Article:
Curious Bends – babies for sale, broken AIIMS, male gynaec and more

1. China has a growing online market for abducted babies

“Girls fetch considerably less than boys, but there is still a market for them. Old social patterns have re-emerged in the market, like the sale of girls into a household where they will be servants until they and the son of the house are of age to marry. Most abducted children are sold to new families as a form of illegal adoption, and are increasingly sold online, though some, mostly boys, are also trafficked for forced labour. I recently worked on an asylum case involving a young man forced into begging with a group of children under traffickers’ control in China. He is still so traumatised by the brutal physical punishments inflicted on the boys when they didn’t collect enough money that he can only talk about it in the third person: “they did this to the children”, never “they did this to me”.” (4 min read, theconversation.com)

2. Will it improve India’s poor healthcare if more research hospitals like the AIIMS are built?

“Barely 1-2% of the funds allocated to AIIMS, it observed, were being spent on research. As for education, even as India suffered from a lack of doctors, 49% of the doctors trained at AIIMS had “found their vocations abroad”. This staffing shortage was hurting AIIMS itself. Waiting time for surgery ranged between 2.5-34 months. With a high doctor-patient ratio, patients were barely getting four to nine minutes with doctors at the outpatient (OPD) department. The report flagged other shortcomings. AIIMS had failed to lead the modernisation of India’s public health infrastructure. CAG also noted delays in setting up medical centres, irregularities in the purchase of equipment, and so on.” (5 min read, economictimes.com)

3. Confessions of an Indian male gynaecologist

“Many of my patients confess that they prefer a male doctor to a female one. I don’t know why. But not every woman who walks into my room is comfortable. There is always a nurse in the room as I am scared that some woman will level baseless allegations over the physical examination. Unlike men, women have many health problems. Seeing all that they go through has made me respect them. My wife says I am more like a woman. That I have too much compassion.” (2 min read, openthemagazine.com)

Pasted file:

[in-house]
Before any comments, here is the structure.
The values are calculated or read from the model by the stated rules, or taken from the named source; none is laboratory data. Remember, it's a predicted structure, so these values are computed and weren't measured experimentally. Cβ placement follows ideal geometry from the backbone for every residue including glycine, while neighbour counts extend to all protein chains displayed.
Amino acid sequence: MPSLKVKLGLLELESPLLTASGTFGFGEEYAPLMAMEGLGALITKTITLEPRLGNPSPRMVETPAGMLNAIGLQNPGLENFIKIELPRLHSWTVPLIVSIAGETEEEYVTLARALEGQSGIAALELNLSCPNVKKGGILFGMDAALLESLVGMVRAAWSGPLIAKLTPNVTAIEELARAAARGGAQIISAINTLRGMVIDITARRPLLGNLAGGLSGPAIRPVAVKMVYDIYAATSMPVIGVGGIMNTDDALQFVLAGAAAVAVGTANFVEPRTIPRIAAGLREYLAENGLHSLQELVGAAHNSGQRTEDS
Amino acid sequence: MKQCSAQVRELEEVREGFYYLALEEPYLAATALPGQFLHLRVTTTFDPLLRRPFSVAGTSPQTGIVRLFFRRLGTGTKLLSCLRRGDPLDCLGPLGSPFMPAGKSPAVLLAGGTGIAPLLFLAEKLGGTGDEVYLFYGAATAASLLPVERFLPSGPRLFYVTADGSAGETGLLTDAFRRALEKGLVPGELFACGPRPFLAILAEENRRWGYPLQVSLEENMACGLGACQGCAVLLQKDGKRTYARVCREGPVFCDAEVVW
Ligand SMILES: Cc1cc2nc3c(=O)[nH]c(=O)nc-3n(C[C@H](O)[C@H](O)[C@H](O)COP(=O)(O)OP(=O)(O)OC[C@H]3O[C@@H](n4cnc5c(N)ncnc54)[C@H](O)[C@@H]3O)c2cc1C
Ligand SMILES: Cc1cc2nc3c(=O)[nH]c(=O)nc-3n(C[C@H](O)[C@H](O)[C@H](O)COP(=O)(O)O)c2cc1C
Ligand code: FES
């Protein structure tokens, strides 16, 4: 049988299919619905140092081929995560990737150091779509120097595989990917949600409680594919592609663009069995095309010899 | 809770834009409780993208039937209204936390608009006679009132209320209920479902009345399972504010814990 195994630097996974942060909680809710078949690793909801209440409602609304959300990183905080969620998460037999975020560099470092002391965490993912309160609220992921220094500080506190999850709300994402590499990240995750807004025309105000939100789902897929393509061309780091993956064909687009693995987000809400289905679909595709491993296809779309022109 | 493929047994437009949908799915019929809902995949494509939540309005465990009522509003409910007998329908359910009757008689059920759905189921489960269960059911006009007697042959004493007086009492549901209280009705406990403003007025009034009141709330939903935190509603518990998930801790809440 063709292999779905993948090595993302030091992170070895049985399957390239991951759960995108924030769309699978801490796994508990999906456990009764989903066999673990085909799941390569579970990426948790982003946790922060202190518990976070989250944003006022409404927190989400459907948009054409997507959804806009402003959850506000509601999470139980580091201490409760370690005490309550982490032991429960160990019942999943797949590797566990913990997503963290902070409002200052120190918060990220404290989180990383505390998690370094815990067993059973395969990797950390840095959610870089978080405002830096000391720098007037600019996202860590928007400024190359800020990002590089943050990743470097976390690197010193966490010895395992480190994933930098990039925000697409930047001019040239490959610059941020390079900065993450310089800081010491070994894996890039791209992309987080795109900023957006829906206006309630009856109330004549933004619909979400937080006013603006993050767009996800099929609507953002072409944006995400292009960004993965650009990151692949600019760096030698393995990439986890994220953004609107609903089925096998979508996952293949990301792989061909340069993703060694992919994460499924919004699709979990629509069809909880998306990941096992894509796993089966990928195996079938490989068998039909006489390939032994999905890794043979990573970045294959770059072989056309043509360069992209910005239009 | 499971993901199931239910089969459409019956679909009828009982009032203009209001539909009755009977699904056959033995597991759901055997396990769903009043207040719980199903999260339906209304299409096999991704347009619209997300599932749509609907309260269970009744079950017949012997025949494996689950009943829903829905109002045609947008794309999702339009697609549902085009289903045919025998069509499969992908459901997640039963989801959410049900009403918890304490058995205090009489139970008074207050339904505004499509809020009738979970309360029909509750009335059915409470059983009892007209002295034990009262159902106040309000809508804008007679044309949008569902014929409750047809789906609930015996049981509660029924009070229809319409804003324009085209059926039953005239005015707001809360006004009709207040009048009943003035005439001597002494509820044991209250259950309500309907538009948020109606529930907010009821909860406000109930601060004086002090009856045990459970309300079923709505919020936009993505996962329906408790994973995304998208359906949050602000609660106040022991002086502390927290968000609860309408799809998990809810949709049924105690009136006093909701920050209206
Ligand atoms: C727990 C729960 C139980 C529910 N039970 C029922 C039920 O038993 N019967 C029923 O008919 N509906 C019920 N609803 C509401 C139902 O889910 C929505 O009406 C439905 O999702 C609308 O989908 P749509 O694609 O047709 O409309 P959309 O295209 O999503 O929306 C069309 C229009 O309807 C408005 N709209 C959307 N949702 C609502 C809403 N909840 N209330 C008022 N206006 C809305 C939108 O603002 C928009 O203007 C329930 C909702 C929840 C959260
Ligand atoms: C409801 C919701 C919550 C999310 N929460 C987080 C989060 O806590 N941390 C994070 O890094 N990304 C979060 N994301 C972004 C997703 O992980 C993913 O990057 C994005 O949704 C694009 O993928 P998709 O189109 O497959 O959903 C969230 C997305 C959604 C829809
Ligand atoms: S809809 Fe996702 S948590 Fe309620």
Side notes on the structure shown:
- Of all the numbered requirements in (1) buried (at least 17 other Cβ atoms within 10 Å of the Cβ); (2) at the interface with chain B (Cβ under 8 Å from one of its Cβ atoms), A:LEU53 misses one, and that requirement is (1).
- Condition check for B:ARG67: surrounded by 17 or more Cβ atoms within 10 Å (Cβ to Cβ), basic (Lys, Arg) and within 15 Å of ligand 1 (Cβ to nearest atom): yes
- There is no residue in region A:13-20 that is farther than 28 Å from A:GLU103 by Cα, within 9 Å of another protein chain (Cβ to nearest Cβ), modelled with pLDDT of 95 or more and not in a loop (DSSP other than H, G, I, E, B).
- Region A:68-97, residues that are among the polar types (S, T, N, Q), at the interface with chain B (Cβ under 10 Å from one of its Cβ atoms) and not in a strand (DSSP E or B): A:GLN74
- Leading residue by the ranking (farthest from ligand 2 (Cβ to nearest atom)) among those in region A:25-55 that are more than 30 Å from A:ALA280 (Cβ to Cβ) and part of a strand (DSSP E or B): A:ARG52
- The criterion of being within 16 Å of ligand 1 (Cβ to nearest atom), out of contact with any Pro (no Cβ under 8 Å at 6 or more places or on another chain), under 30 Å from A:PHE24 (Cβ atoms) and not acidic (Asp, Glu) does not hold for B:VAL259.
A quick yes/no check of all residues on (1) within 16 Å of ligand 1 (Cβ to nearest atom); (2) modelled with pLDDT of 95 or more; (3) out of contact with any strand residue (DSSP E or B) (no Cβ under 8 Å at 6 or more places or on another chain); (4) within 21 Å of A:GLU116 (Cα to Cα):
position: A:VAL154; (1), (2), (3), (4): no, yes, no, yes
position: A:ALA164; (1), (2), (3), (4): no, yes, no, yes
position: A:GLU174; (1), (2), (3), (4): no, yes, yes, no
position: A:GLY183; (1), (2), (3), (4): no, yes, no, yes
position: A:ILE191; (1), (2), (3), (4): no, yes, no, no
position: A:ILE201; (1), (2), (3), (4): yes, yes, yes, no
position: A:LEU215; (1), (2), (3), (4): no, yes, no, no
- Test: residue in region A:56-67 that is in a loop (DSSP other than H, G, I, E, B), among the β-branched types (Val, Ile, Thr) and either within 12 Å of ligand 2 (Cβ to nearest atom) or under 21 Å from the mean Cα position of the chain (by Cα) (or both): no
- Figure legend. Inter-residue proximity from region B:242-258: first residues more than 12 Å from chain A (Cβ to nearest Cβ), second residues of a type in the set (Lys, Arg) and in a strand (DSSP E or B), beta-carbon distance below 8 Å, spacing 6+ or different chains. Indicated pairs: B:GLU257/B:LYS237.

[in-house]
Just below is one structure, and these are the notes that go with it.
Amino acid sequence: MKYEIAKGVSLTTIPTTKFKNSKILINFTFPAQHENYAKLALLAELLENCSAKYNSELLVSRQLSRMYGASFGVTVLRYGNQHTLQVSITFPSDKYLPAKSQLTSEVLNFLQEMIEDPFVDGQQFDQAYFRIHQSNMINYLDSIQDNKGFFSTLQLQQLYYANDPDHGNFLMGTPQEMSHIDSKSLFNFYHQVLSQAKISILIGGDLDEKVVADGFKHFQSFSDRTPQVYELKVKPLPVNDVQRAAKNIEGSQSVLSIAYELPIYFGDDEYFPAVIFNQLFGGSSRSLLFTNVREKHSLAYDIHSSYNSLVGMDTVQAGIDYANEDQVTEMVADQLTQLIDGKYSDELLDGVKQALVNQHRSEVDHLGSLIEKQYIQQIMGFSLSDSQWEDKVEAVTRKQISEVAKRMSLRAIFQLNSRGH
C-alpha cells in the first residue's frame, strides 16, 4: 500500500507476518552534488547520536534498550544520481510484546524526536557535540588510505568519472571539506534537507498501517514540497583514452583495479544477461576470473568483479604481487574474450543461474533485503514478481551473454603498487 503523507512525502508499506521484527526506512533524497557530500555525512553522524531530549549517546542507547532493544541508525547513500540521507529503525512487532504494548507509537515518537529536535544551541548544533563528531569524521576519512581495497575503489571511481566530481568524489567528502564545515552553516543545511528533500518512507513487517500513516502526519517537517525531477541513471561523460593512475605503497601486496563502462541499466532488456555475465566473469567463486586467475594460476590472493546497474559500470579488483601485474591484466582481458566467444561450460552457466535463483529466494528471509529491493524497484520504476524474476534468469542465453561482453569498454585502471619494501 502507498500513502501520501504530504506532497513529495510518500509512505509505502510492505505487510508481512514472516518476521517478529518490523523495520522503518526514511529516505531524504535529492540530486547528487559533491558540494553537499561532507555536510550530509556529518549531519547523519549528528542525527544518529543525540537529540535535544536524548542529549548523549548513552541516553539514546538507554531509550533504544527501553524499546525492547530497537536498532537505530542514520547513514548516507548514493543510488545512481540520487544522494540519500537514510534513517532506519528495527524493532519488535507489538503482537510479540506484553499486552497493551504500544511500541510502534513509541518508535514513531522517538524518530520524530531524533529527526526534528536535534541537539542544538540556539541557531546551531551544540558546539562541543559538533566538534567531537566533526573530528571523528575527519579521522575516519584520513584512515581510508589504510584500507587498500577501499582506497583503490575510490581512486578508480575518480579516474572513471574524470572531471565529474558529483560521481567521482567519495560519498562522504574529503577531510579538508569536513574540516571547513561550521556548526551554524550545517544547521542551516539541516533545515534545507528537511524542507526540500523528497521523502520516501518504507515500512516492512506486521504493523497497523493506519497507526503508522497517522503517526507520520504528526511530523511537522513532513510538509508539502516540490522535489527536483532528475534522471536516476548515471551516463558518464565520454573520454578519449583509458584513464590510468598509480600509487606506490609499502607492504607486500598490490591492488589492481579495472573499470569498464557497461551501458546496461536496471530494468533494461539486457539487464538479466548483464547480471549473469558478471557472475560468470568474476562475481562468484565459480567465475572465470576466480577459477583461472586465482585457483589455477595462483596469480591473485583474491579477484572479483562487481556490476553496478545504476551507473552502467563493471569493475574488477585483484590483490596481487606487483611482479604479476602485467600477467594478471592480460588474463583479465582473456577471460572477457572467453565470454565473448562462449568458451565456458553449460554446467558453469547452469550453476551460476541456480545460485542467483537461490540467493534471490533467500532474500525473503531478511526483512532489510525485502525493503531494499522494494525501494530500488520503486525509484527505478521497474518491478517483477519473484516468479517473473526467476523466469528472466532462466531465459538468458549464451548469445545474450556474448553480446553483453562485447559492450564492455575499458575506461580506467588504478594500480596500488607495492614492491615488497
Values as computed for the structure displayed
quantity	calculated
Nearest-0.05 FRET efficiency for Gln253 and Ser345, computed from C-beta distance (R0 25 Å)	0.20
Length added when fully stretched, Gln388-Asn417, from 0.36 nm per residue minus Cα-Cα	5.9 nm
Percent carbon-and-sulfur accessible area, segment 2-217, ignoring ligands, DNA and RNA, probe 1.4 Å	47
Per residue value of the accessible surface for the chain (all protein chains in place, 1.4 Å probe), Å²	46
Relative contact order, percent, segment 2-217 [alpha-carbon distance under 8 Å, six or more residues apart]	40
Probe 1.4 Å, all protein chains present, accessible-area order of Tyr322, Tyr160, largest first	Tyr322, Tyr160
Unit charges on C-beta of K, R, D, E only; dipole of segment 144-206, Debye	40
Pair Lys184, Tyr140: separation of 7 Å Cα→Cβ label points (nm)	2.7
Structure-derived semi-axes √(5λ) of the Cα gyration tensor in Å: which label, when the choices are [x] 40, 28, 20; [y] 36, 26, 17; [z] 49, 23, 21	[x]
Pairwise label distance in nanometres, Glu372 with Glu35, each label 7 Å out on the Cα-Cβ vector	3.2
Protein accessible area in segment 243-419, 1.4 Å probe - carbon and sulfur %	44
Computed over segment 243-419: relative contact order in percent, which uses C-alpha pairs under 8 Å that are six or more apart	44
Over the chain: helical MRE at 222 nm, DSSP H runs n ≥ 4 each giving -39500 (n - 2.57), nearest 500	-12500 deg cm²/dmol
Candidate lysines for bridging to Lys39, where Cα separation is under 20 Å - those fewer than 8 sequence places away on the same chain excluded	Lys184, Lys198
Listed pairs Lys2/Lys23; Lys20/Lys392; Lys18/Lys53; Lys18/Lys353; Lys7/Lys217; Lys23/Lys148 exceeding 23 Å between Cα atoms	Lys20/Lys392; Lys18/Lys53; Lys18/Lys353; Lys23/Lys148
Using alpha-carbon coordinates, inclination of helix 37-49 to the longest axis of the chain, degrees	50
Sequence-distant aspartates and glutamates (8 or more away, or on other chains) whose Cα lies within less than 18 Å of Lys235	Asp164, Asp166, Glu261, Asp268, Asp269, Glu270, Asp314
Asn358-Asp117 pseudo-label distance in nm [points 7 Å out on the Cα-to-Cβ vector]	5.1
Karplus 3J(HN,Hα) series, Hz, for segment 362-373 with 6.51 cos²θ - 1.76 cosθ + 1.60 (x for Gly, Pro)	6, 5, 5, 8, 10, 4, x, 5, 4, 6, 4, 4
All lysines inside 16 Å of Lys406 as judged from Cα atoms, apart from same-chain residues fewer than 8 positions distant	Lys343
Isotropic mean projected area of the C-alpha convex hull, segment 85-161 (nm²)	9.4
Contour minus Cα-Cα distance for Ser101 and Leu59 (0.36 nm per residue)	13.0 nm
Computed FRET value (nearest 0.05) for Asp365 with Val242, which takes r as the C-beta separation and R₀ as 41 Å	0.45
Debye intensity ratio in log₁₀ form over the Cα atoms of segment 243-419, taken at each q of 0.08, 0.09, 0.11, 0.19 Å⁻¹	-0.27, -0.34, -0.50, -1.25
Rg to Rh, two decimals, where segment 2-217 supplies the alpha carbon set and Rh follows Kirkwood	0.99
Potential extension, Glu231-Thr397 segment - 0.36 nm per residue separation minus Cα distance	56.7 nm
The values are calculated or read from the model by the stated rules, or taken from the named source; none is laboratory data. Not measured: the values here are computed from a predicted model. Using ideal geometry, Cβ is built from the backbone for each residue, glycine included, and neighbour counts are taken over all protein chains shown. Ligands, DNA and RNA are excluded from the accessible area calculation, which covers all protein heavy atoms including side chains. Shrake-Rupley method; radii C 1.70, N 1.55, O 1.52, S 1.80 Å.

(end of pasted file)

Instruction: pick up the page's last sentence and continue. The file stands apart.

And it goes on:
4. Personalising cancer care, one tumour at a time

“Mitra’s CANScript has gone a step further. A simpler analogy would be the bacteria sensitivity tests that are commonly used today. Just as a pathology lab takes a swab, cultures it and tests it against all available antibiotics to finally help a doctor prescribe the right antibiotic, CANScript runs a test against the biopsy from the patient and gives a score card for the drugs to be used. In clinics it is currently used in six solid tumors (breast cancer, gastrointestinal, glioblastoma, head and neck squamous cell carcinoma and colorectal) and two blood cancers. Three other cancers – lung, cervical and melanoma—are under lab testing. However, the limitation with CANScript is that it requires very fresh tumour.” (5 min read, seemasingh.in)

5. What your bones have in common with the Eiffel Tower

“So how did Eiffel design a structure that’s strong enough to withstand the elements, and yet weighs about as much as the air surrounding it? The secret lies in understanding the shapes of strength. It’s a lesson we can learn by looking inwards… literally. By studying our bones, we can discover some of the same principles that Eiffel used in designing his tower.” (11 min read, wired.com)

Chart of the Week

“Now there are nine powers, and the kind of protocols that the cold-war era America and Soviet Union set up to reassure each other are much less in evidence today. China is cagey about the size, status and capabilities of its nuclear forces and opaque about the doctrinal approach that might govern their use. India and Pakistan have a hotline and inform each other about tests, but do not discuss any other measures to improve nuclear security, for example by moving weapons farther from their border. Israel does not even admit that its nuclear arsenal of around 80 weapons (but could be as many as 200) exists. North Korea has around ten and can add one a year and regularly threatens to use them. The agreements that used to govern the nuclear relationship between America and Russia are also visibly fraying; co-operation on nuclear-materials safety ended in December 2014. America is expected to spend $350 billion on modernising its nuclear arsenal over the next decade and Russia is dedicating a third of its fast-growing defence budget to upgrading its nuclear forces. In January this year the Doomsday Clock was moved to three minutes to midnight, a position it was last at in 1987.” (3 min read, economist.com)

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